If you, like me, always find yourself waking up to the ring of your alarm while lying on your stomach with your face smashed into your pillow, take note: In a new video posted by the folks over at Huffington Post, featuring the author of “Sleep Smarter,” Shawn Stevenson, the stomach sleeping position gets called out for, essentially, being the problem child of the three primary sleeping positions.
• If you’ve been to Whole Foods lately, you know: Turmeric, a root known for its inflammation-fighting powers, is EVERYWHERE, from the spice aisle to the bottled water aisle. And if these three very different turmeric-filled recipes — they range from baked eggs to puffed pancakes to garlic root mash — are any indication, a dose of the root is a fit addition for just about anything you’re whipping up. [Well + Good]
• Earlier, I saw a headline that read something along the lines of “20 Things to Do to Have a Healthy Night.” I thought to myself, twenty things to do just so I can go to bed? Pass. But six things — six things seems manageable enough. And if you’re trying to lose weight, checking these six tasks off your to-do list in the hours leading up to lunch is a simple way to up your weight-loss game. [Men’s Health]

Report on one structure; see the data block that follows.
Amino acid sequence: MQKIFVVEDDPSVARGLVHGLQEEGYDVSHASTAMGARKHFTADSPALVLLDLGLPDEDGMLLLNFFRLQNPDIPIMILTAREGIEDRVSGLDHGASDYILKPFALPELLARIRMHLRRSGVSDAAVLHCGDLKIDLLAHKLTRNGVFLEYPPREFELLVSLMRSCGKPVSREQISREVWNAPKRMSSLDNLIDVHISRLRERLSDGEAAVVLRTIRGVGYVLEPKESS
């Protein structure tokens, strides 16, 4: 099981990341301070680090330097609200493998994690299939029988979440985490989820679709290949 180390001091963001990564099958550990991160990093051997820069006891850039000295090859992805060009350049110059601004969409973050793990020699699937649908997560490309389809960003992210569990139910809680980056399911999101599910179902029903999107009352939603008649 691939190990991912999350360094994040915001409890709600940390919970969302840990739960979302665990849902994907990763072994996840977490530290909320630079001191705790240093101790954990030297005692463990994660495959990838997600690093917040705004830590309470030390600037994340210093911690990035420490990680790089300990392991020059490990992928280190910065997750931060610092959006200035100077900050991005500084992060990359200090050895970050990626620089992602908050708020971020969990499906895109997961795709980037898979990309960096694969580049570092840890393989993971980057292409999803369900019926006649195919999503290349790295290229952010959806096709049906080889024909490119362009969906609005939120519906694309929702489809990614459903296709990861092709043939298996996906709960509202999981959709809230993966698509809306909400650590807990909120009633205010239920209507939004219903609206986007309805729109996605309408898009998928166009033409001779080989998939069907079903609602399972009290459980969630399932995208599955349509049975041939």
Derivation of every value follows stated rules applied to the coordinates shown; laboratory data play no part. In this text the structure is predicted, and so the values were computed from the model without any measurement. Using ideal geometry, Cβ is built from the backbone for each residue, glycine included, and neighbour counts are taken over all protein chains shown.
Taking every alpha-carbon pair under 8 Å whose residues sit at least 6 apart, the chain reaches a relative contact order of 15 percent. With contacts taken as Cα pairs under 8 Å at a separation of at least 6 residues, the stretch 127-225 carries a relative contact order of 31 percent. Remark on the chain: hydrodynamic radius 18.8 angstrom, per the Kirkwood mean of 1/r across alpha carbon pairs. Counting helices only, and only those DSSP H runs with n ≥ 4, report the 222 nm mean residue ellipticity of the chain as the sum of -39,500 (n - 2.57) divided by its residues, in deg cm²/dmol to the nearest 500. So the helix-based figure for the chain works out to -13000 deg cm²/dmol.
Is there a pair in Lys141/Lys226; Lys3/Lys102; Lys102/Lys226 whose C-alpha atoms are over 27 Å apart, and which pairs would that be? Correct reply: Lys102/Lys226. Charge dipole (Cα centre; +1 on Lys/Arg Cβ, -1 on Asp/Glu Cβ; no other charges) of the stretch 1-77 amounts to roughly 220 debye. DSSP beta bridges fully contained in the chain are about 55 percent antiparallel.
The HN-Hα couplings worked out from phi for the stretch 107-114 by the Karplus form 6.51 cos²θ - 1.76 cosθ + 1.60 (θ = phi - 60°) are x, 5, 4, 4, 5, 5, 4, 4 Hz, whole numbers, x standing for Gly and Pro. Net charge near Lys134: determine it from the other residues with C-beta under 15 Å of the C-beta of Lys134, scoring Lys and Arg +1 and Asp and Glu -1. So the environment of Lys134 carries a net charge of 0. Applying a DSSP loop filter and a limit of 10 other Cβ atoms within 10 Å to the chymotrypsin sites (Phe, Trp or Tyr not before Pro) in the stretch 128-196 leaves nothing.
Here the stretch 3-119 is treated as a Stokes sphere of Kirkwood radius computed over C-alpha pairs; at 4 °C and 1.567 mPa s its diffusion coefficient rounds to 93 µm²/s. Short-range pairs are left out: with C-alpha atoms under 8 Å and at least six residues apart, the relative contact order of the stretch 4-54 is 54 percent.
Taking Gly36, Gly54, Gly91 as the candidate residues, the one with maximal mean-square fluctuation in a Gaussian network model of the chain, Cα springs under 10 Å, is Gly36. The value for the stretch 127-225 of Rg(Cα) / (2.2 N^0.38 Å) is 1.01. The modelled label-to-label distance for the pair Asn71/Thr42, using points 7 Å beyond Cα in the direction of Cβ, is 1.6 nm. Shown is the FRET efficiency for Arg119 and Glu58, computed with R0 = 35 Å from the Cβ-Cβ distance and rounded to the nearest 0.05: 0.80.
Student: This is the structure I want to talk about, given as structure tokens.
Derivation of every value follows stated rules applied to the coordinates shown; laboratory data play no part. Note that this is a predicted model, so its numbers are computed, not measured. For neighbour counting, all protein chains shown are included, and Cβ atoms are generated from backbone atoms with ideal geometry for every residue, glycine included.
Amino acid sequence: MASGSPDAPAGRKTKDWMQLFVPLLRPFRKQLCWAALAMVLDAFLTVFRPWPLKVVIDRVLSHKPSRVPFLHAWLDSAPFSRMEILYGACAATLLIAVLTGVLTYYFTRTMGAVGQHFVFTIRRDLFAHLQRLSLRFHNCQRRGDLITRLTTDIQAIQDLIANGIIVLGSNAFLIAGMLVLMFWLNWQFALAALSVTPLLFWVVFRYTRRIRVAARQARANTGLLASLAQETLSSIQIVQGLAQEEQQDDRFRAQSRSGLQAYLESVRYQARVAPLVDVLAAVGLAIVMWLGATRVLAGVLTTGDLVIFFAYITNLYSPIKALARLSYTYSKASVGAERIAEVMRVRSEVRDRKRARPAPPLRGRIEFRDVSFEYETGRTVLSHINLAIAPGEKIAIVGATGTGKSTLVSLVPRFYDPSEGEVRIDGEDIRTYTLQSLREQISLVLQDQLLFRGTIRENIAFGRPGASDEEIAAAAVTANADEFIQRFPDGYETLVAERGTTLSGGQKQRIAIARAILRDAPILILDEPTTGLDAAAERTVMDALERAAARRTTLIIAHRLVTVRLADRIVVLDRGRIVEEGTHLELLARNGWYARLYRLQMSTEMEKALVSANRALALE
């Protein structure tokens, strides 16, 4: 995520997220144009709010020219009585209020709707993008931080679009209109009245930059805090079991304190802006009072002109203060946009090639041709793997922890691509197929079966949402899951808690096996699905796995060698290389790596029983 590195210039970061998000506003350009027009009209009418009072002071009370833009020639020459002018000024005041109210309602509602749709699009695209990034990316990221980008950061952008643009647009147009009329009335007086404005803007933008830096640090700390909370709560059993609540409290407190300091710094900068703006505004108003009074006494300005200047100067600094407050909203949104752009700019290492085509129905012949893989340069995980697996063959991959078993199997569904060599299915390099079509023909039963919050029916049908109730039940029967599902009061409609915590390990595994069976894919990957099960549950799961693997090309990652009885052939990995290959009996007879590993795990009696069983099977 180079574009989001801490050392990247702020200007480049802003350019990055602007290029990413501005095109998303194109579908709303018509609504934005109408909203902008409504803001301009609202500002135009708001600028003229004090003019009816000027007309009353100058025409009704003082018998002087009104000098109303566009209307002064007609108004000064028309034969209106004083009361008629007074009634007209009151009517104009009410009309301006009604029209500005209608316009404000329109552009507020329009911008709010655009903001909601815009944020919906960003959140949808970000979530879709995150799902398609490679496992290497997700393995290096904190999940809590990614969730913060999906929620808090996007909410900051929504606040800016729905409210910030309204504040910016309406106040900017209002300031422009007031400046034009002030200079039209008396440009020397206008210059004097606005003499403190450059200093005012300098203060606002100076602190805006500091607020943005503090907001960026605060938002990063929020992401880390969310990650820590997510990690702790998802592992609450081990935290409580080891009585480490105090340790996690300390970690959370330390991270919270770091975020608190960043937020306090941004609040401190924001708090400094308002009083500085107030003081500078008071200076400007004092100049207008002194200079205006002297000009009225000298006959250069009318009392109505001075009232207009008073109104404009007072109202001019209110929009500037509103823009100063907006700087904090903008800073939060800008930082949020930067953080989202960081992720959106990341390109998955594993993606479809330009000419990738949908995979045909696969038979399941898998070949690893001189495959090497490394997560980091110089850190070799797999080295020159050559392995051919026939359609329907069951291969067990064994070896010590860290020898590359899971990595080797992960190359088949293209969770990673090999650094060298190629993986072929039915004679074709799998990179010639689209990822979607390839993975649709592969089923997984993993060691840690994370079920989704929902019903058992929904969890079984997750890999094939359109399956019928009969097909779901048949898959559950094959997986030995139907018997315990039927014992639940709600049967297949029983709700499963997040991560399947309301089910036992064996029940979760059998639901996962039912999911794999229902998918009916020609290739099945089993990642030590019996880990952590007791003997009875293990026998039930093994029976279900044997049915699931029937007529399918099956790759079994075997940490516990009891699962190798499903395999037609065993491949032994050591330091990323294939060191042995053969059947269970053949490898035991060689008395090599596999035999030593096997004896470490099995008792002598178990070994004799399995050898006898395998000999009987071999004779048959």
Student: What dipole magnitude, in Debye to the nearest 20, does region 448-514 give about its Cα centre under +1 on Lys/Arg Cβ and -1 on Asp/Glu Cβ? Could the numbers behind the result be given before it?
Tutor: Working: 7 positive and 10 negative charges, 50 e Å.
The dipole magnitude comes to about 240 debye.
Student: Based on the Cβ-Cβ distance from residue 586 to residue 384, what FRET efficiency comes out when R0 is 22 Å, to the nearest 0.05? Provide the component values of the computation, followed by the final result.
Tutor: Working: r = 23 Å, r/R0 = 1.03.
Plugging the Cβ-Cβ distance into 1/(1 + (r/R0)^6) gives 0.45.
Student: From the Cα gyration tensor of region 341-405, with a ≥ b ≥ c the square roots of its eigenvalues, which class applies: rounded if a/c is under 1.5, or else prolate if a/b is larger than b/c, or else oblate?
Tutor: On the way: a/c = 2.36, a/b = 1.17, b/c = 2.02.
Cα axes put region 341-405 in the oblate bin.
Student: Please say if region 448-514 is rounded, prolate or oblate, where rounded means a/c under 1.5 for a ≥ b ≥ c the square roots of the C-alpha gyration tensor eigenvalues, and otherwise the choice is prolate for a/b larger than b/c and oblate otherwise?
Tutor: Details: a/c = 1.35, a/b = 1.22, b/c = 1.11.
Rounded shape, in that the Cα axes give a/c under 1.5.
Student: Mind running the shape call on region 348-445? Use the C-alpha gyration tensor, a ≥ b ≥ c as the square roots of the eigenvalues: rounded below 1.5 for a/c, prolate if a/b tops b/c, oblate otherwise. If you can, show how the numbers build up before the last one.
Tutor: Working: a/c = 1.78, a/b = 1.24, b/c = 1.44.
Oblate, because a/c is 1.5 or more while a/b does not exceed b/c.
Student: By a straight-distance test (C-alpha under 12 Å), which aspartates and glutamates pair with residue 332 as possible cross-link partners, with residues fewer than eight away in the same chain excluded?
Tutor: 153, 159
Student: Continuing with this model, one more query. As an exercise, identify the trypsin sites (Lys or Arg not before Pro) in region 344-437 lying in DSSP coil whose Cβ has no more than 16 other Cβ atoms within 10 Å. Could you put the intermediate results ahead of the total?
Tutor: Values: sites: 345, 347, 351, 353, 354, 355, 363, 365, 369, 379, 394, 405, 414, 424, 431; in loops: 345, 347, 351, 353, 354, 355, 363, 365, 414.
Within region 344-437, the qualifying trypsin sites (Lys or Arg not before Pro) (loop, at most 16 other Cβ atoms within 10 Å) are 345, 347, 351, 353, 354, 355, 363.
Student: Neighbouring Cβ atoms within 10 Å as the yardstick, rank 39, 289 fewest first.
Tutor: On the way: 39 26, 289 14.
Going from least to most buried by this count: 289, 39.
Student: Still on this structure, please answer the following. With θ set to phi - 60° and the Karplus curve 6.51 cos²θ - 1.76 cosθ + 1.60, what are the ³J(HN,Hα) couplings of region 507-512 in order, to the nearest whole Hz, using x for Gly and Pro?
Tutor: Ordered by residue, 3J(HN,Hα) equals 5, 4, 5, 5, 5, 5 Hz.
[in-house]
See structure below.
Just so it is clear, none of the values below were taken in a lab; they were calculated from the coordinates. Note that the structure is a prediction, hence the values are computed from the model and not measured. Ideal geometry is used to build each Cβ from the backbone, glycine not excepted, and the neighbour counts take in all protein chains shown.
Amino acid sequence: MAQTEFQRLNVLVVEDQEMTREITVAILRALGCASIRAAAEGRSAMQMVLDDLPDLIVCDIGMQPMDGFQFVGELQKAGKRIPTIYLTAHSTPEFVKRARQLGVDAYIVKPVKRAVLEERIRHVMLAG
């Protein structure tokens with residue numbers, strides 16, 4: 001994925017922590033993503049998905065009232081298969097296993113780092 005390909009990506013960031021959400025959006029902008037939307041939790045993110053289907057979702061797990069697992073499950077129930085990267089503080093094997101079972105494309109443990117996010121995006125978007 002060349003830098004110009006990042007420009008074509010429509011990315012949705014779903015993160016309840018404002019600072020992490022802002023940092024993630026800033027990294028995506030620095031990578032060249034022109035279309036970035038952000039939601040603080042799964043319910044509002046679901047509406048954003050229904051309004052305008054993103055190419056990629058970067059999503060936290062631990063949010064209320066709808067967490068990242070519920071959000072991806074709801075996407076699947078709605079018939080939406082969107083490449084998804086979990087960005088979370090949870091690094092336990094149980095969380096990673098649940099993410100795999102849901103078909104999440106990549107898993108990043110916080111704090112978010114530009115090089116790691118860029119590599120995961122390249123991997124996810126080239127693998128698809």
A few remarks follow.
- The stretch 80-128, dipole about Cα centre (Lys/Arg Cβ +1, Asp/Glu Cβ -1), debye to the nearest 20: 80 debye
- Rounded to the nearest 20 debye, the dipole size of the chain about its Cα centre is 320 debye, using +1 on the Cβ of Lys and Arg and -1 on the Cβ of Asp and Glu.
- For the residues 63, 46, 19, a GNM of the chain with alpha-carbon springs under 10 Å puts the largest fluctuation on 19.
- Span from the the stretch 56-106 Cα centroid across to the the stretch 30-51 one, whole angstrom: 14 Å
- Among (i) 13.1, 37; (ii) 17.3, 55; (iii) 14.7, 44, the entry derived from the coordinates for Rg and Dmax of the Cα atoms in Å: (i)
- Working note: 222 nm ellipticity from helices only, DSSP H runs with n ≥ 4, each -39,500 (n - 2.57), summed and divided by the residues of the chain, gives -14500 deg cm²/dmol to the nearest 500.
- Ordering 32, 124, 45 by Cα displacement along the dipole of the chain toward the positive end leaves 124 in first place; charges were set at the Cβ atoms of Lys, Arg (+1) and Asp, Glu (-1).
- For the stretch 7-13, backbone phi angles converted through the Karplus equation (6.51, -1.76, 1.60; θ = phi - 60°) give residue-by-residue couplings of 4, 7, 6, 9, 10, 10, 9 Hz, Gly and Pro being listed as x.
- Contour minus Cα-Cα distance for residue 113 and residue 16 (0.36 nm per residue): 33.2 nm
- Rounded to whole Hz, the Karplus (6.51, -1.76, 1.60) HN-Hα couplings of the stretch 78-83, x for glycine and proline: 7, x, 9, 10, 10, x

Lately, I’ve been trying to focus on honing habits that aren’t just good for my body, but for my mind, too. And (like many other sleep-deprived Americans), refining my sleep schedule was a main priority on that list.
I know I don’t need to tell you that catching the right amount of zzzz’s per night is super important for maintaining healthy brain and bodily functions, but not everyone realizes how important it is for your mental well-being, too. When I’m sleep deprived, I turn into an emotional, irrational, short-tempered, annoying version of myself who — ask any of my family or friends — is not pleasant to be around. Caution: if you see me out rocking my under-eye bags that day, do yourself a favor and stay away. Far, far away.
Unfortunately, I wear my eye bags (not confidently) wayyy more often than I’d like. You see, sleep is one of the things that pretty much goes out the window when your schedule is packed with classes and work, forcing you to stay up until 2 (or 3 or 4) a.m. plugging away at what seems like a never-ending to-do list.
But recently, even if I DO make it to bed (also known as my favorite place on Earth) at a reasonable hour, I often lie awake for hours on end stressing about what the heck I’m going to do with my life once I graduate school or thinking other unnecessary thoughts about things totally out of my control. Sometimes my brain can really get on my nerves! Am I the only one who wishes this thing had an off switch? Like, seriously, I am trying to catch a REM cycle over here, dude.